September 29, 2006
I am pleased to announce that Elsevier has made an agreement with the Wellcome Trust that allows authors who publish in Elsevier journals to comply with Wellcome Trust’s policy requiring grantholders to deposit final manuscripts of their research papers into PubMed Central. More information regarding this agreement is available on Elsevier.com, at the following URL:
http://www.elsevier.com/wps/find/authorshome.authors/wellcometrustauthors Information regarding the Wellcome Trust policy on PMC posting is available from: http://www.wellcome.ac.uk/node3302.html
Please contact me (or your Elsevier representative) if you have any questions.
Director of Library Relations
32 Jamestown Road
London NW1 7BY
+44 7795 960516
+44 20 7424 4242
September 28, 2006
I just received an interesting email from Health Affairs, which highlights just how far this Web 2.0 “thing” is going.
Dear Health Affairs subscriber,
For twenty-five years Health Affairs’ goal as a journal has been to foster an ongoing dialogue on health policy issues of concern to a diverse audience of interested readers. We wanted to let you know that we are launching a blog on our Web site, www.healthaffairs.org, with the aim of expanding the dialogue even further.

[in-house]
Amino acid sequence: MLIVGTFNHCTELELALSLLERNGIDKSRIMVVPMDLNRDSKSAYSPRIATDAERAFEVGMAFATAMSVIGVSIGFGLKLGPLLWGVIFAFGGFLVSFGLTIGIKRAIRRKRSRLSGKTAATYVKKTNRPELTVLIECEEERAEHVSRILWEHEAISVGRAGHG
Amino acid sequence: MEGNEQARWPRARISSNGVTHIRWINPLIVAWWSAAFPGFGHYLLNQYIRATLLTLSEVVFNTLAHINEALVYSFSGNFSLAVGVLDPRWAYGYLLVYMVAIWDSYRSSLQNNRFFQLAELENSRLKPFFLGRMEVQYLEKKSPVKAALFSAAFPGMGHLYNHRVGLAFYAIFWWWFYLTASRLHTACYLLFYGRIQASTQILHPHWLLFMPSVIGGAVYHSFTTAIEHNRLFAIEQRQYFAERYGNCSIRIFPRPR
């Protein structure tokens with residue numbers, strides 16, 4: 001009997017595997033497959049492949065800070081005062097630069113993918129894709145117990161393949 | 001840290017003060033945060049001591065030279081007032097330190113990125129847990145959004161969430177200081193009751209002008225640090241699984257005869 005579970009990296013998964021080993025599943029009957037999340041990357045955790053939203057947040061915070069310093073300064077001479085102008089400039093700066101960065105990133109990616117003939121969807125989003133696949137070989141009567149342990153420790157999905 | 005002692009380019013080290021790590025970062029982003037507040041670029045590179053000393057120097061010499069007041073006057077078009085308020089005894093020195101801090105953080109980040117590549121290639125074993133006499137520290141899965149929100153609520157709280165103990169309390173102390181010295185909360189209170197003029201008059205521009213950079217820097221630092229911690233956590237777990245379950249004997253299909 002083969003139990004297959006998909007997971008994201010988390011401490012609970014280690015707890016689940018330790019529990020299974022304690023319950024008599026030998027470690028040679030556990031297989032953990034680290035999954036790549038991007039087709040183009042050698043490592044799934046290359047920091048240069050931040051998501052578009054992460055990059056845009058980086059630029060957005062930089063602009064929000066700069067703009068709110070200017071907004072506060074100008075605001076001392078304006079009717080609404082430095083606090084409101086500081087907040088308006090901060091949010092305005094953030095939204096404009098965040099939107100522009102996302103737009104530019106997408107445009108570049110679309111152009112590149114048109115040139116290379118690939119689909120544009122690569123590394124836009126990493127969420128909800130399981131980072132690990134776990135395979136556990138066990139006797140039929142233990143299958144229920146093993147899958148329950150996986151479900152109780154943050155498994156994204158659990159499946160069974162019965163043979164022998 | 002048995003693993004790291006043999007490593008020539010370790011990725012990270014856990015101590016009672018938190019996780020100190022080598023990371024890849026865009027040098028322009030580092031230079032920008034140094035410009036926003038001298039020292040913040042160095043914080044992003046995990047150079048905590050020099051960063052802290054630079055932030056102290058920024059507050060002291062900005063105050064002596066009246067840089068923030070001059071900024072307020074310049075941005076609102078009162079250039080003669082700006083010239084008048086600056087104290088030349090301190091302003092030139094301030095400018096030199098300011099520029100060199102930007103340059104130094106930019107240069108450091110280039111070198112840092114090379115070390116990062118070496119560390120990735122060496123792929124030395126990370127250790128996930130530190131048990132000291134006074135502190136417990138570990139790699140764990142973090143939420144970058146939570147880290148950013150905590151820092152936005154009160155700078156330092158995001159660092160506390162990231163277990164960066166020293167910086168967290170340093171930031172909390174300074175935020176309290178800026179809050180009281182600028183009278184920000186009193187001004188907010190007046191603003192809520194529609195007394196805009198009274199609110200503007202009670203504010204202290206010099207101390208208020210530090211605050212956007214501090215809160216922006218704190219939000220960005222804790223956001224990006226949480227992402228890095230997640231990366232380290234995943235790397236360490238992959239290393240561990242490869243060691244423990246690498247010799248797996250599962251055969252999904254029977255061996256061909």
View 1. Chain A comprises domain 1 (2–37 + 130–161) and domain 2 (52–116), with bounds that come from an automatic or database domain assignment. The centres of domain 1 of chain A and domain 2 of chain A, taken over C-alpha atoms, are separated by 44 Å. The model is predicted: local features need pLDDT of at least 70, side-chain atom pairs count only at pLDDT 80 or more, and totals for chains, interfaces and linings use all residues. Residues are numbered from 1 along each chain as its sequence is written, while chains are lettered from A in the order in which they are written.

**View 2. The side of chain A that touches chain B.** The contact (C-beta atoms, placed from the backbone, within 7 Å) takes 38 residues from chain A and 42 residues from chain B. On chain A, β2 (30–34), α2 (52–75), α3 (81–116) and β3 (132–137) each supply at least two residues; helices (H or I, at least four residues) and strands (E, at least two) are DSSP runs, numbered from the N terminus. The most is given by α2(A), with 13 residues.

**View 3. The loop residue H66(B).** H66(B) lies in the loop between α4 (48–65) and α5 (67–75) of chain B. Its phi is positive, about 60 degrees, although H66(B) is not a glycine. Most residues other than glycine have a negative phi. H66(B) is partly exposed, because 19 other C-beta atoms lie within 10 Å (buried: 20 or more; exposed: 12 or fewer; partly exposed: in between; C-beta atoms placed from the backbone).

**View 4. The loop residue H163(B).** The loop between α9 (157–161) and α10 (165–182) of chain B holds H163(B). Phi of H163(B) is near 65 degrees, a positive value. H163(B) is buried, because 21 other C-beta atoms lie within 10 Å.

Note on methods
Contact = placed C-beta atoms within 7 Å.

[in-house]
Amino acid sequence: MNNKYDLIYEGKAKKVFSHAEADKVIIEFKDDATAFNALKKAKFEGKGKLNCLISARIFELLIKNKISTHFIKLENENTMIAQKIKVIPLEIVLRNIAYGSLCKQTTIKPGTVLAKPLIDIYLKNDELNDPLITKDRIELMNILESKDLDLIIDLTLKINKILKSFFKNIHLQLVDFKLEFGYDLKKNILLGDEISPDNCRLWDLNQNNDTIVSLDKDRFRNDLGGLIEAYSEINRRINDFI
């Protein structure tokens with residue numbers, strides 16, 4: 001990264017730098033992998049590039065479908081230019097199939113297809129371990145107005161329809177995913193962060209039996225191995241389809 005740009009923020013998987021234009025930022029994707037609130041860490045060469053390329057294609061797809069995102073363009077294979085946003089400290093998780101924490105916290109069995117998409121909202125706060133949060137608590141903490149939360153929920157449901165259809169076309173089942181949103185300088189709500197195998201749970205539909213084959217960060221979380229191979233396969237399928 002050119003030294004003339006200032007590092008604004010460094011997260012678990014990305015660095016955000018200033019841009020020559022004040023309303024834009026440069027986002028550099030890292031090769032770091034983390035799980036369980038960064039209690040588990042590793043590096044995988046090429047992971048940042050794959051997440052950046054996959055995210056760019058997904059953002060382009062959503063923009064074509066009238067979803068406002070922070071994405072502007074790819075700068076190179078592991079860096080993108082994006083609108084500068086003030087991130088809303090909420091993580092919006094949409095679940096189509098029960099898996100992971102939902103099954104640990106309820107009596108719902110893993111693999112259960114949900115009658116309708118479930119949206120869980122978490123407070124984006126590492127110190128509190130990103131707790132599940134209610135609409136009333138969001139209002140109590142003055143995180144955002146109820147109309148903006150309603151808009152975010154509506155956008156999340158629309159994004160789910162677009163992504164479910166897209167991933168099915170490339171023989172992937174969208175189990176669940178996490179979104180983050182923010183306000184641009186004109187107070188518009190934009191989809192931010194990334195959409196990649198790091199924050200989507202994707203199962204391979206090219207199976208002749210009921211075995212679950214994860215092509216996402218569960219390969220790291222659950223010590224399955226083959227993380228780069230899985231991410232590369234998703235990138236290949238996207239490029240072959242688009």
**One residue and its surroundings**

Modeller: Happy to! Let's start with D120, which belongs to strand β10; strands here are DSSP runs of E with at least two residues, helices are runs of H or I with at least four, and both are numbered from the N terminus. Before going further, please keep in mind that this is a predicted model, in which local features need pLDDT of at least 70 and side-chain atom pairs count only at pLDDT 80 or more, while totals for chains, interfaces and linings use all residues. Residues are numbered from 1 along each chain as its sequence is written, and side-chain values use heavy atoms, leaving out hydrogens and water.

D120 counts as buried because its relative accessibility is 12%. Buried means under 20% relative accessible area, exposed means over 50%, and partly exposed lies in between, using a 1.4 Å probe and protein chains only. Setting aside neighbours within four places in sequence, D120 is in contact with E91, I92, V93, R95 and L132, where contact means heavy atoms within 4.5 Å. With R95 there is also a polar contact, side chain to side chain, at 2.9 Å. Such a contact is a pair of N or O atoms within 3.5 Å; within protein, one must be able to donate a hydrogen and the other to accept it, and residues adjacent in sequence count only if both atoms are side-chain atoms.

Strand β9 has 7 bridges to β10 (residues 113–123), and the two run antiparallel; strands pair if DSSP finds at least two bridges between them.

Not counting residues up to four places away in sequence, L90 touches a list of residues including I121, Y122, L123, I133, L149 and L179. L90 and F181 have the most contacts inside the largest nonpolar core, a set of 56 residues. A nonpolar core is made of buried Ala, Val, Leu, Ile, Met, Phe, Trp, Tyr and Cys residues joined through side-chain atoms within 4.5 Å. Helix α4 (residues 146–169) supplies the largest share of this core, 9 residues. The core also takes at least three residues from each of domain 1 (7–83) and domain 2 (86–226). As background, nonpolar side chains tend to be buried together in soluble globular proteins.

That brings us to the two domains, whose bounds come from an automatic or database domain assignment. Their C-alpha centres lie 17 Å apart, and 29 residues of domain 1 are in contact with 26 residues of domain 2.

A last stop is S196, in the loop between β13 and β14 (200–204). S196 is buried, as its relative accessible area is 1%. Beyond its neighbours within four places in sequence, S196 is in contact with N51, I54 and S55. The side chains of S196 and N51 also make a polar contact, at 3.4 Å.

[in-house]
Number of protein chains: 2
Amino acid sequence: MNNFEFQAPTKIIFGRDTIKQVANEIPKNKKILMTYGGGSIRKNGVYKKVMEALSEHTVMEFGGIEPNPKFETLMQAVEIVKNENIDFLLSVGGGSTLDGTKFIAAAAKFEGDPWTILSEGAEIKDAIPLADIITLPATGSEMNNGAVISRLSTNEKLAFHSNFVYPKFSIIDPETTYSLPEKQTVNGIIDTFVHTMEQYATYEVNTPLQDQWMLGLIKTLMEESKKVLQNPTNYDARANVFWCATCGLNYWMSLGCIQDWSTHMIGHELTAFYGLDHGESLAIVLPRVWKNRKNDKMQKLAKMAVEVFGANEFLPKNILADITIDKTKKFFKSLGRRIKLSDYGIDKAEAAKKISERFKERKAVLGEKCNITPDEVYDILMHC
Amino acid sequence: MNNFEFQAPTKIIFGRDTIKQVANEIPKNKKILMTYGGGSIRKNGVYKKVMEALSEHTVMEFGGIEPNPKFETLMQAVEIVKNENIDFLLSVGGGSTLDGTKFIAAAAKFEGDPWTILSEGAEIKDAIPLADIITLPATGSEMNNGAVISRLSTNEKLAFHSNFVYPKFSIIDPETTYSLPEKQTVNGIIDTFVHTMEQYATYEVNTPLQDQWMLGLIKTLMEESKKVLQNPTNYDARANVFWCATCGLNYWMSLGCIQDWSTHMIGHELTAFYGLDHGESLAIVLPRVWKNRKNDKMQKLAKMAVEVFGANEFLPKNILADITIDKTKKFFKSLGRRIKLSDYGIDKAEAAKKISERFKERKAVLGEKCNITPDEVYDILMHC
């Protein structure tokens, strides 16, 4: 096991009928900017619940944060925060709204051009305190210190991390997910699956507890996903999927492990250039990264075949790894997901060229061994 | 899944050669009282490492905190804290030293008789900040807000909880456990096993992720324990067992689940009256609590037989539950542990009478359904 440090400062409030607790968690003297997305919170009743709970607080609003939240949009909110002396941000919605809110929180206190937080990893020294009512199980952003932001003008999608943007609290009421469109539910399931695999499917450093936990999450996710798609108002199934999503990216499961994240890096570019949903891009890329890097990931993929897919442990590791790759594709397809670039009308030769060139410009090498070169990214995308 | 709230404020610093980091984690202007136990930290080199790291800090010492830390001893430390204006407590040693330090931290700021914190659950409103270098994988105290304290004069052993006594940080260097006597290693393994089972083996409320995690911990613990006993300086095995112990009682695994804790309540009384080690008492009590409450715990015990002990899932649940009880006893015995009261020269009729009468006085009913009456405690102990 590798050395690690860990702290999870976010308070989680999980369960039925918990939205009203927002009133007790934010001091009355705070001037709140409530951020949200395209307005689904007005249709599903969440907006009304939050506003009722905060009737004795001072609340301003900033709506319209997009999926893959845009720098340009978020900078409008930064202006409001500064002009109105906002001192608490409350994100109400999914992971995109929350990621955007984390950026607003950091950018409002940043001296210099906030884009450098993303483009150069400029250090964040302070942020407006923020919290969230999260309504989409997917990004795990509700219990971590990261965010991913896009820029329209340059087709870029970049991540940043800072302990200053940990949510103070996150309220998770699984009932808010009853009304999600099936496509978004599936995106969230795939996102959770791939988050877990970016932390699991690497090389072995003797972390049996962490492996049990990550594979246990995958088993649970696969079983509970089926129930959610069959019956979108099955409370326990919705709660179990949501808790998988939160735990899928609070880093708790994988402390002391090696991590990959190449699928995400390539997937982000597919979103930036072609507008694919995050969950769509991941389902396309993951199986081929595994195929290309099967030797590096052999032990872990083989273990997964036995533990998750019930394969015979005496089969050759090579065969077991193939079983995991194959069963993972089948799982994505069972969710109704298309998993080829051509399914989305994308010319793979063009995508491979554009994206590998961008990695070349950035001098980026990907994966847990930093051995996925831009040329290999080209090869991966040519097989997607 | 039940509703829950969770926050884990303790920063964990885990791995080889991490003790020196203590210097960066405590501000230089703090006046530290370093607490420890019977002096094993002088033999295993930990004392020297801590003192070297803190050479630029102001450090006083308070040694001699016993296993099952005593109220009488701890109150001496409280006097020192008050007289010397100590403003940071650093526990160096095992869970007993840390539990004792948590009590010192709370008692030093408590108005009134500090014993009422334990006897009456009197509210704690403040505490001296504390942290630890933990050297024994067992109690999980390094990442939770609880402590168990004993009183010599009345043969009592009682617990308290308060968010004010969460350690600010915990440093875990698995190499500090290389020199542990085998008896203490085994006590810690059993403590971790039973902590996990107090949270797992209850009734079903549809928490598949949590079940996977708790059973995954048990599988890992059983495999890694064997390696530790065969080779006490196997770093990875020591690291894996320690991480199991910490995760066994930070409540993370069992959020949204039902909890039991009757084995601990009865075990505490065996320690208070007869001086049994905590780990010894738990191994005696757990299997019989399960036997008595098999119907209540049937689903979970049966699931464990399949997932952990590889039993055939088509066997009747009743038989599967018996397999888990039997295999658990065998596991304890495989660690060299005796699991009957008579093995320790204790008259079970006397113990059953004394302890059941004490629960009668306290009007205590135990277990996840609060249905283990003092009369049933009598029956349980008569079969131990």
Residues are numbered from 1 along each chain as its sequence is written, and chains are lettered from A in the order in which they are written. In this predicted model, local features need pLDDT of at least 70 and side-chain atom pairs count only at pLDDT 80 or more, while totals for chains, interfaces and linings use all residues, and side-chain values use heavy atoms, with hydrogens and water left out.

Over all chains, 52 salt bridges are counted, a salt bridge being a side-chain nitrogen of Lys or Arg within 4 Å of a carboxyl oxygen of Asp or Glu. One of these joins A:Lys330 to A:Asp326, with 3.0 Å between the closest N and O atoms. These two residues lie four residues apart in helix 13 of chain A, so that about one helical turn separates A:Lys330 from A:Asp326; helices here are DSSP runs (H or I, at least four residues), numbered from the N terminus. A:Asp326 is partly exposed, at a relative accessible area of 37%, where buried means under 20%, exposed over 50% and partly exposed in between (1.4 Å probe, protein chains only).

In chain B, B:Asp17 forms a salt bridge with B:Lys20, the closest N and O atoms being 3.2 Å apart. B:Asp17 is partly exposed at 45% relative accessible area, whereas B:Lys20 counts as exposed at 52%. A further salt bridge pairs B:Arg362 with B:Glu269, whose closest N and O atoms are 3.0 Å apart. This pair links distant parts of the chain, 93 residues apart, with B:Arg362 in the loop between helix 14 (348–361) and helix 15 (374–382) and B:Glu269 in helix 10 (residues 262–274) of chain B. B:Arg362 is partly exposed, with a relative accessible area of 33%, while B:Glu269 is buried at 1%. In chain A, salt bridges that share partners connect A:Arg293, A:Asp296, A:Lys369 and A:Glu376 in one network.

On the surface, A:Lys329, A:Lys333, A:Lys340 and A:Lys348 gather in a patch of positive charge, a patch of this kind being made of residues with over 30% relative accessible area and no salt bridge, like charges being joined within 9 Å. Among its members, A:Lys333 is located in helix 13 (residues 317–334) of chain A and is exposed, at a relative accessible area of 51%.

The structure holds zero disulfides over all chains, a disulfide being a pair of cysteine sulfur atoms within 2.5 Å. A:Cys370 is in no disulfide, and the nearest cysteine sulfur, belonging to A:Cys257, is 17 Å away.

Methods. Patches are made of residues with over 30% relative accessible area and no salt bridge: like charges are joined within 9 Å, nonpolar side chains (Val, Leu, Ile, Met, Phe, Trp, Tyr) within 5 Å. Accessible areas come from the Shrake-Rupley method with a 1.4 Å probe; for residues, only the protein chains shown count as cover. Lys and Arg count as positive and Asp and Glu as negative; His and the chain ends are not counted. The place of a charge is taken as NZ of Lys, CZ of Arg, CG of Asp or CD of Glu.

The main elements of Health Affairs’ blog will include:
- invited posts from leading policy analysts;
- responses from a variety of health care stakeholders;
- comments from readers;
- links to timely information both within Health Affairs and from other sources;
- posts from Health Affairs’ editors on policy briefings, new reports, hot policy topics.
Writers during the first two weeks will include:
James Robinson, University of California, Berkeley, on Michael Porter’s new book
Alain Enthoven, Stanford University, writing his first-ever blog post.
Uwe Reinhardt, Princeton University
Alan Maynard, University of York
And much more.
Blog postings will not be peer-reviewed, but all will be vetted by the journal’s editors.
We invite you, our loyal readers, to join us in this new venture beginning October 5 at www.healthaffairs.org/blog.
John K. Iglehart
I see this as an additional “grey literature” resource and something that we need to be aware of. I have not fleshed all of my thoughts out about this and invite comments.
September 27, 2006
Brady PC. What do you do when you have a loose screw?
Arthroscopy 2006 Sep; 22(9): 925-.
Shouldn’t that be in Archives of Psychiatry? LOL.
September 18, 2006